Read “A Christian Reading Manifesto”

Last year David Steele created this document: “A Christian Reading Manifesto.” It bears review for those of us in the writing of books and those who believe in the power of reading said books.

Given the efforts of our secular culture to redefine words and their meaning, his statement “Reading Forces Us to Reckon With Words” resonated. I’ve often said, “People of words must be people of the Word.” As Steele writes, “So reading forces us to pay careful attention to words. Instead of condemning words, then, we celebrate words and affirm their importance to historic Christianity.”

Below are the subject headlines of the manifesto. However, I really encourage you to read the entirety of the work.

The Christian Reading Manifesto
1. Reading forces us to think
2. Reading cultivates discipline
3. Reading forces us to reckon with words
4. Reading fuels our minds and ignites our hearts
5. Reading helps us love God with our minds
6. Reading is essential for Christian growth
7. Reading builds humility

A Modest Proposal
1. Commit to reading
2. Set an annual reading goal
3. Read broadly
4. Read joyfully

I have two nonfiction books set as a personal goal to read in their entirety this year:
(1) Systematic Theology (second edition) by Wayne Grudem
(2) Providence by John Piper

Of course there are many more I’ll read, but these two will be wonderful mountains to climb.

A new book was released last month by Leland Ryken and Glenda Mathes titled Recovering the Lost Art of Reading (Crossway). It promises to be a future book of the month!

What book or books would you like to have in your completed pile this year?

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Gray Saturday

I wrote this many years ago and read it every Easter weekend as a reminder. May it speak to you in some small way.

Gray Saturday
by Steve Laube

Holy weekend is such a study in contrasts.

Friday is dark. Somber. Frightening in its hopelessness and pain.
I do not like Dark Fridays.
The nails bury themselves deep into my soul.
They become a singular stake through the heart of this sinner.
Piercing. Rending. Bloody.
Vanquishing this creature of the night who dares to follow his own way.
Christ’s death becomes mine.
The death I deserve.

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The Only Answer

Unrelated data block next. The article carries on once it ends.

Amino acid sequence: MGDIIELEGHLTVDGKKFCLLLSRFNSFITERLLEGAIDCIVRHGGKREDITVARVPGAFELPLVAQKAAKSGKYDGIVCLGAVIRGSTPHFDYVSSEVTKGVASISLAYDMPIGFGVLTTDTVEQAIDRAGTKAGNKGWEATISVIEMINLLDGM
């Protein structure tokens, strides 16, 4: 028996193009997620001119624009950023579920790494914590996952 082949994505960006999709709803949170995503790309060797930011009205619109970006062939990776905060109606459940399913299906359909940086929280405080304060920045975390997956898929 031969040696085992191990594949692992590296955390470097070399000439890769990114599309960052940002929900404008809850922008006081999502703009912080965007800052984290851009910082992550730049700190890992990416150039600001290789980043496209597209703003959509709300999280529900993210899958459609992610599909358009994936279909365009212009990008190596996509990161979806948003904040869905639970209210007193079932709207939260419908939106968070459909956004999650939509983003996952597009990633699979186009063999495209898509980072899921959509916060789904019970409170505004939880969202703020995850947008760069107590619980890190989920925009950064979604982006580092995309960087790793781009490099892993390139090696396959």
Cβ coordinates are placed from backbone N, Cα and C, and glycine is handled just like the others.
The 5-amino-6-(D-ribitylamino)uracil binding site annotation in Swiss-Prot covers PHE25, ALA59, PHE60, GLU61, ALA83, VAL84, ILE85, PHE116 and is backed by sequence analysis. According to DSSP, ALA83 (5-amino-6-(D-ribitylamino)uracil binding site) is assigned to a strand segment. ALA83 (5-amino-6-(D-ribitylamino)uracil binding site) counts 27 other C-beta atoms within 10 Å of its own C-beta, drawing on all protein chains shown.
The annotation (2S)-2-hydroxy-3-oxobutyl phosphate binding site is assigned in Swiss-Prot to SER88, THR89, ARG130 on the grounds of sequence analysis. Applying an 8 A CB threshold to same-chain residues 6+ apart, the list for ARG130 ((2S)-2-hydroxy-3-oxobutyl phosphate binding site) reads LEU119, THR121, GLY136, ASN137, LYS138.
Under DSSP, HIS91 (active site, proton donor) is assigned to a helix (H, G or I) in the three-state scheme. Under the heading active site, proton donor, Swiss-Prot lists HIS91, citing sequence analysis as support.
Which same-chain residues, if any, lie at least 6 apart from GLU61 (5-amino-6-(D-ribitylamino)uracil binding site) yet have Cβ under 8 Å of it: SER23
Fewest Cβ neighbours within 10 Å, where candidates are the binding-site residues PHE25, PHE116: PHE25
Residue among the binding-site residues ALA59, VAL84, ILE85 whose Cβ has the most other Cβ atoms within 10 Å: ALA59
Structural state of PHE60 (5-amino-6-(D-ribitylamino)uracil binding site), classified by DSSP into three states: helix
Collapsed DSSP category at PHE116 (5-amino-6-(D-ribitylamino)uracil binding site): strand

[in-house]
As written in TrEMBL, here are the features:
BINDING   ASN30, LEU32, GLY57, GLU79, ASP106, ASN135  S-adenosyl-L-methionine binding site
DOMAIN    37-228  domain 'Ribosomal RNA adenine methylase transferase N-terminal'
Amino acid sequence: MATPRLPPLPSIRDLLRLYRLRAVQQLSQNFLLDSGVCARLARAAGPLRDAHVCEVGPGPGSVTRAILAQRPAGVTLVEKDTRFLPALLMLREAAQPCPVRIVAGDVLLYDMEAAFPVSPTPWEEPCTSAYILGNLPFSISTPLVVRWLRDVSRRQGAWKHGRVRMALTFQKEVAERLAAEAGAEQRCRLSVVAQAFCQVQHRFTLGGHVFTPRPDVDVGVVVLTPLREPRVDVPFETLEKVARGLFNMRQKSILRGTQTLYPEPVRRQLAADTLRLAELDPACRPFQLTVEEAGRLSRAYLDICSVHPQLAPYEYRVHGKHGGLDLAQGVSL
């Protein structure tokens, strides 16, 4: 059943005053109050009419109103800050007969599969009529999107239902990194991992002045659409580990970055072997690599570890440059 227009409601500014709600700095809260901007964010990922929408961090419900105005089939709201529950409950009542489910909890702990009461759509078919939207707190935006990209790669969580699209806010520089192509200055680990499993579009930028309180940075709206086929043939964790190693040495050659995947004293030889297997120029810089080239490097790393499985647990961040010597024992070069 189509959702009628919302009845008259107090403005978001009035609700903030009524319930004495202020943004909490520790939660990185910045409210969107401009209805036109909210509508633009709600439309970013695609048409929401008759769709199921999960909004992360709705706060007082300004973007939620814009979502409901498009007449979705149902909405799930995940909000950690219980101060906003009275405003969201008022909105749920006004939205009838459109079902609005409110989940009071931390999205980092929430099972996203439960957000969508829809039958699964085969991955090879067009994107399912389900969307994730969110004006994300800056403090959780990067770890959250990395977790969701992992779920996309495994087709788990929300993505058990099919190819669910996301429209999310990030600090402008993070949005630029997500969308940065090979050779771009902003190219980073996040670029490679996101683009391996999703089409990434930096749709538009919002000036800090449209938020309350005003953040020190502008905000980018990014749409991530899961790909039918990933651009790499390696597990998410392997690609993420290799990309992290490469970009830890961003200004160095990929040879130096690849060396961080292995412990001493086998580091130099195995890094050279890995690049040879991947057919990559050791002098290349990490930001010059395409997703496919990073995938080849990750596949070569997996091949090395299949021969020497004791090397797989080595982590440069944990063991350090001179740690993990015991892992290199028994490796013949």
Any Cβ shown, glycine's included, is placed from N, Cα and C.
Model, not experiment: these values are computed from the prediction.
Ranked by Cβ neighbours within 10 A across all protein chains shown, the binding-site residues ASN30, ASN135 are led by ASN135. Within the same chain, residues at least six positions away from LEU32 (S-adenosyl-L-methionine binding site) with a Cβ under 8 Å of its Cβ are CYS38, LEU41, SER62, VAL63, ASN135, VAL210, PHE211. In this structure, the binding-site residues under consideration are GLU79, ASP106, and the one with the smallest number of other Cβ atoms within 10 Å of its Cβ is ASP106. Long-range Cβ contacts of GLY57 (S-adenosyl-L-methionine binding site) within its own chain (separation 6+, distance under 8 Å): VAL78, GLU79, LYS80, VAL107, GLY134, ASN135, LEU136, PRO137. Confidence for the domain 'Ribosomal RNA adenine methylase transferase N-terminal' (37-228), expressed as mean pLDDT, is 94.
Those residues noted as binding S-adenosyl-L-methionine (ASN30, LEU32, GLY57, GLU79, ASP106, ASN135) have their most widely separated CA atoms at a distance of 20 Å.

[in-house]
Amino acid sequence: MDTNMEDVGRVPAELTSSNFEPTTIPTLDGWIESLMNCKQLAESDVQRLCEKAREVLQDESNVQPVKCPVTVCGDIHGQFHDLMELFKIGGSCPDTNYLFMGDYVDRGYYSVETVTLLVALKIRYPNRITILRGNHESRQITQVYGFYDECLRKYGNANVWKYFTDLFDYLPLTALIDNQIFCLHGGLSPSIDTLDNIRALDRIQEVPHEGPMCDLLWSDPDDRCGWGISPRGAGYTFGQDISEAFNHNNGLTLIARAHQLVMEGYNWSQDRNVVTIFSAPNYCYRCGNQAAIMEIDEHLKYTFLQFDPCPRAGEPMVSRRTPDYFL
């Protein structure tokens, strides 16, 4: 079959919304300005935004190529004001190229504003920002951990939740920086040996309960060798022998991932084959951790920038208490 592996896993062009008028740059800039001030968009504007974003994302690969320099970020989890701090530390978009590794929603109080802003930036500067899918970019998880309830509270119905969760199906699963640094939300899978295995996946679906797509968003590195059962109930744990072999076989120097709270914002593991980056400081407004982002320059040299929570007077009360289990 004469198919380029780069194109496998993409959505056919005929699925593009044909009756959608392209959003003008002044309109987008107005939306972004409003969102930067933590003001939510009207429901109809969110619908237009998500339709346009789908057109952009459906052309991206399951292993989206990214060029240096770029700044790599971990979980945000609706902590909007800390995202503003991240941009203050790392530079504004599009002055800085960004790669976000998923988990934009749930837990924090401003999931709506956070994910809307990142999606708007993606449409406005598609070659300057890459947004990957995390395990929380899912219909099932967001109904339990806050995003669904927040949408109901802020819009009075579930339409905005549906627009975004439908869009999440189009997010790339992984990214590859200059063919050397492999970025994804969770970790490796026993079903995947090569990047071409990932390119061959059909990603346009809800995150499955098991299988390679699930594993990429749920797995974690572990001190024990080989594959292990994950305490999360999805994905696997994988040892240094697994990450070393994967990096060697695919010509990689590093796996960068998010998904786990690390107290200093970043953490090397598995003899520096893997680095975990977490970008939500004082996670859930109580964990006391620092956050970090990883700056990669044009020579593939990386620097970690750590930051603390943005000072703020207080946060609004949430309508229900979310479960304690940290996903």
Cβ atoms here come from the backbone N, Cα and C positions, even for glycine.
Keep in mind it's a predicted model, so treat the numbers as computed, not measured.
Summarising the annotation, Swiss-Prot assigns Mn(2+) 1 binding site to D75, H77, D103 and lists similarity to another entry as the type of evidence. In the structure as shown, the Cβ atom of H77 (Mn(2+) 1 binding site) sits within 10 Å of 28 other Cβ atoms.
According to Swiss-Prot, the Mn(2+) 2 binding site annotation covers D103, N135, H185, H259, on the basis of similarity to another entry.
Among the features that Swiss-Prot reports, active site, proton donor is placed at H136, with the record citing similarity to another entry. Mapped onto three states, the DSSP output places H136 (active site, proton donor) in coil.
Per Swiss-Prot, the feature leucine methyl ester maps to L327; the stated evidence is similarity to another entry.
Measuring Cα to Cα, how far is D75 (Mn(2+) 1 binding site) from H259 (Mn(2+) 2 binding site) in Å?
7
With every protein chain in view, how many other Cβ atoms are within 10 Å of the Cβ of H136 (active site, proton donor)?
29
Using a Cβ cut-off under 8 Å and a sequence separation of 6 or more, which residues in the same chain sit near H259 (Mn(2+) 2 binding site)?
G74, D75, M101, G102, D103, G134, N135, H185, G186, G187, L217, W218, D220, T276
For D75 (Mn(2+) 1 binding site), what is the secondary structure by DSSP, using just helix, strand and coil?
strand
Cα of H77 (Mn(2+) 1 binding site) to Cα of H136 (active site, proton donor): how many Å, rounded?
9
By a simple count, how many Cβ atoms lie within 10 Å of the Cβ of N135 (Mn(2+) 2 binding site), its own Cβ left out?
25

Hope you had a blessed Christmas!

The last four weeks I have posted what was, in actuality, an Advent series. Note the key words in each post:


 The Christmas season is one that is full of family, fun, food, and friends. But under it all is the foundation of our joy. The answer to our greatest longing. Of course, saying there is an answer assumes there is a question. Finances, relationships, job, writing, family, church, and school all ask different questions.

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Is Your Glass Half Empty?

Over the decades it has been interesting to listen to and read the various pundits regarding the publishing industry. Typically those who spell out doom and gloom get the attention (fortifying the idea that “if it bleeds, it leads”). At the same time there is the optimist position which is …

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Edgy Christian Fiction

In Christian fiction, how do we balance keeping the message strong/not watering it down while still wanting to reach readers beyond Christian bookstores or churches? Thank you Carrie for a great question. This has been an ongoing discussion ever since Christian Fiction became a significant part of the publishing landscape in …

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Dark Friday

Contemplate the sacrifice. Contemplate the mystery. While you contemplate, listen to this instrumental piece called “Gethsemane” from Jeff Johnson’s album “No Shadow of Turning.” A new version of the piece can be found on Jeff’s album “Thin Places” You can listen to it at this link. Then please listen to …

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A Time for Lament

For a while we were able to rattle off the cities or the names of various people and incidents where someone died. Every place from Columbine to Sandy Hook to Ferguson to Fort Hood to Charleston to Orlando to Dallas to Nice. But now the litany has become too long …

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Theological Accountability Partners

Just because an author is a mature Christian, doesn’t mean they are immune from writing something containing shaky theology. In an effort to craft compelling phrases and stories, orthodox theology can sometimes be a casualty of creativity or even carelessness. Most often it is entirely accidental. I referenced this issue …

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